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Low-sodium Diet and Cheese

salt spilling from a salt shaker onto a table

Qgreen_40px I’m a lifelong cheese lover, but I’ve just been told by my doctor that I need to consume a low-sodium diet. Does this mean the end of interesting cheese for me?

Agreen Although a low-sodium diet might be good for your blood pressure, cutting out cheese sounds like torture. Fortunately, there are quite a few available options in the cheese aisle that I’m sure your doctor would approve of for a low-sodium diet. Most mountain-style cheeses, such as Gruyère, fresh chèvre, and simple Swiss, are naturally much lower in sodium than many other cheeses; they have between 50 and 95 milligrams of sodium per ounce, compared to, say, provolone (248 mg/oz) or Havarti (215 mg/oz). Moreover, the popularity of these lower-sodium cheeses makes them readily available and incredibly versatile—for uses that range from cheeseboards for snacking to soufflés and fondue. Cheeses to watch out for, in terms of high sodium content, include aged cheeses like Parmesan and Gouda. Blue cheese can also be especially high in sodium, though it’s worth noting that Stilton contains only about half as much sodium as other blue cheeses.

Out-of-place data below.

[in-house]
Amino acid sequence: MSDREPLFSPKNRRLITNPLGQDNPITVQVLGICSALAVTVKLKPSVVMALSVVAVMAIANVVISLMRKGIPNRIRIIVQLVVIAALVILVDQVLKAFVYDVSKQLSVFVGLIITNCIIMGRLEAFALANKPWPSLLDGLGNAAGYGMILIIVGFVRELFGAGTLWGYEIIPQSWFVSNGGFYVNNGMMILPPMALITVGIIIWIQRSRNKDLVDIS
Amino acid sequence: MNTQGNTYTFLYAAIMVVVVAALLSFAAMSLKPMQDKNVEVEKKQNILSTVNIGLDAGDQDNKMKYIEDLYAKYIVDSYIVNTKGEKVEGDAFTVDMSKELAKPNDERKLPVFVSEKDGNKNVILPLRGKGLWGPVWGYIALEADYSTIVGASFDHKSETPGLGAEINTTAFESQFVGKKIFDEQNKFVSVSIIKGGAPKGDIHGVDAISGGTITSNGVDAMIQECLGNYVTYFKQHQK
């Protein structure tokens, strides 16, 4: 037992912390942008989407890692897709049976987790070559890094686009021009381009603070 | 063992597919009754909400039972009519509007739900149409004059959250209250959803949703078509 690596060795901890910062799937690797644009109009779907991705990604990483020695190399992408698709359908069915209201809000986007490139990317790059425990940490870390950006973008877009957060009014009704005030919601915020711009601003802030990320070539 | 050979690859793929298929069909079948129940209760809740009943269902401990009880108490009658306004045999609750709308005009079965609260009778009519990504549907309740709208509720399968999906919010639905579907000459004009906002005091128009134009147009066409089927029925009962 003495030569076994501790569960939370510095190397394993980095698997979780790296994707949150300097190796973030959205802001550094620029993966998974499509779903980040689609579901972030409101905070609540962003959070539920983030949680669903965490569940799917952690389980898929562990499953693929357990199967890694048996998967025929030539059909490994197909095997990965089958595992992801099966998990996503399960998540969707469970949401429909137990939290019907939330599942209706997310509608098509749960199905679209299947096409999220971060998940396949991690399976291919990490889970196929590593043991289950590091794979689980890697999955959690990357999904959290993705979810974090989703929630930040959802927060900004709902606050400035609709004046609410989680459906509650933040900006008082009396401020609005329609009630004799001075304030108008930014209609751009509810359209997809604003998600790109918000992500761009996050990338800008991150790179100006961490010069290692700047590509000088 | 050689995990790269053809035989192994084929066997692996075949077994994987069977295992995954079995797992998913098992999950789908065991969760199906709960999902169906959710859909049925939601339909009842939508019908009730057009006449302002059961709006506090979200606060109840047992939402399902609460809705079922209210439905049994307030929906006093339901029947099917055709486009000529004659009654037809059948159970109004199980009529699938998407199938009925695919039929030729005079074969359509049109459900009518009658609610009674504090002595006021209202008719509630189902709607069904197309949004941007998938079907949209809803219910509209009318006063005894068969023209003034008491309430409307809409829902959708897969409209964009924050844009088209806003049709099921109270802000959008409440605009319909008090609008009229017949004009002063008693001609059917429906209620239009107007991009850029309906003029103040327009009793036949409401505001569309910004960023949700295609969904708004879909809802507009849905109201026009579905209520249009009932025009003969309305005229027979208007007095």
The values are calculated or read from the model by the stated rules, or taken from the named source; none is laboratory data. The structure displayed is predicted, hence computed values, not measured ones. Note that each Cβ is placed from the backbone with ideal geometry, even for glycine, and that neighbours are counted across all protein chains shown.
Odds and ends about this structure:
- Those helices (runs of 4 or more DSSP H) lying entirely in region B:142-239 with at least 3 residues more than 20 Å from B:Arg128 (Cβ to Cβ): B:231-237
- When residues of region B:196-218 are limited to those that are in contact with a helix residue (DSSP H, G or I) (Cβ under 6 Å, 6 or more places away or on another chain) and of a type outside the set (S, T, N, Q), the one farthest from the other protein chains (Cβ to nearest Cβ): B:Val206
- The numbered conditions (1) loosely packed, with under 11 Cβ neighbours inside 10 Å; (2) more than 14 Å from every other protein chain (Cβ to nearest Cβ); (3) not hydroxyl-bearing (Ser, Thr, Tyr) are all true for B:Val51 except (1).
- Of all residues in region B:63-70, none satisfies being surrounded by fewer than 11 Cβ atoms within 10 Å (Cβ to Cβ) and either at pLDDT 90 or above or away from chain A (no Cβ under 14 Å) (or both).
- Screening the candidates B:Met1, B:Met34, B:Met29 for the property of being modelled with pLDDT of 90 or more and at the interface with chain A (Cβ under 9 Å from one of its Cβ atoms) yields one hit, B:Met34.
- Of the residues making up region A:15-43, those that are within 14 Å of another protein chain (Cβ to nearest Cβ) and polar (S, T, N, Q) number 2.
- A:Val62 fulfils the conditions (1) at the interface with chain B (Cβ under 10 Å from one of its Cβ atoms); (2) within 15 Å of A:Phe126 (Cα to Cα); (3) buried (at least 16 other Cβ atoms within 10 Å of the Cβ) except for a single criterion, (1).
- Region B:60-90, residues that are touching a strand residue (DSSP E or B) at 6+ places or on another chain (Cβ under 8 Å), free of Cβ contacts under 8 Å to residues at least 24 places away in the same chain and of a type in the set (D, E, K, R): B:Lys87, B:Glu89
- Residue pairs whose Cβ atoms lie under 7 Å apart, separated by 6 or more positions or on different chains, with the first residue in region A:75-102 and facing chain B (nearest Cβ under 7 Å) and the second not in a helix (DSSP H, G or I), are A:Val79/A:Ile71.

If you’re wondering why salt is essential to cheesemaking, it’s not just for flavor enhancement. Salt also serves a very important function in the cheesemaking process by acting as a preservative to restrict the growth of harmful bacteria that could spoil and destroy the cheese during aging. In addition, salt acts as a sort of dehydrating agent, helping expel moisture in the finished curd. This reaction promotes the formation of cheese curds, which mark the beginning of every good cheese.

I think the main thing about eating cheese—whether you’re watching sodium or fats or calories—is to pick one that you really love, have a modest portion, and slowly savor every bite. Cheese is a wholesome, nutritious food that can be enjoyed by almost everyone. (Happiness is good for your health!)

Photo Credit: jessalarennick via Compfight cc

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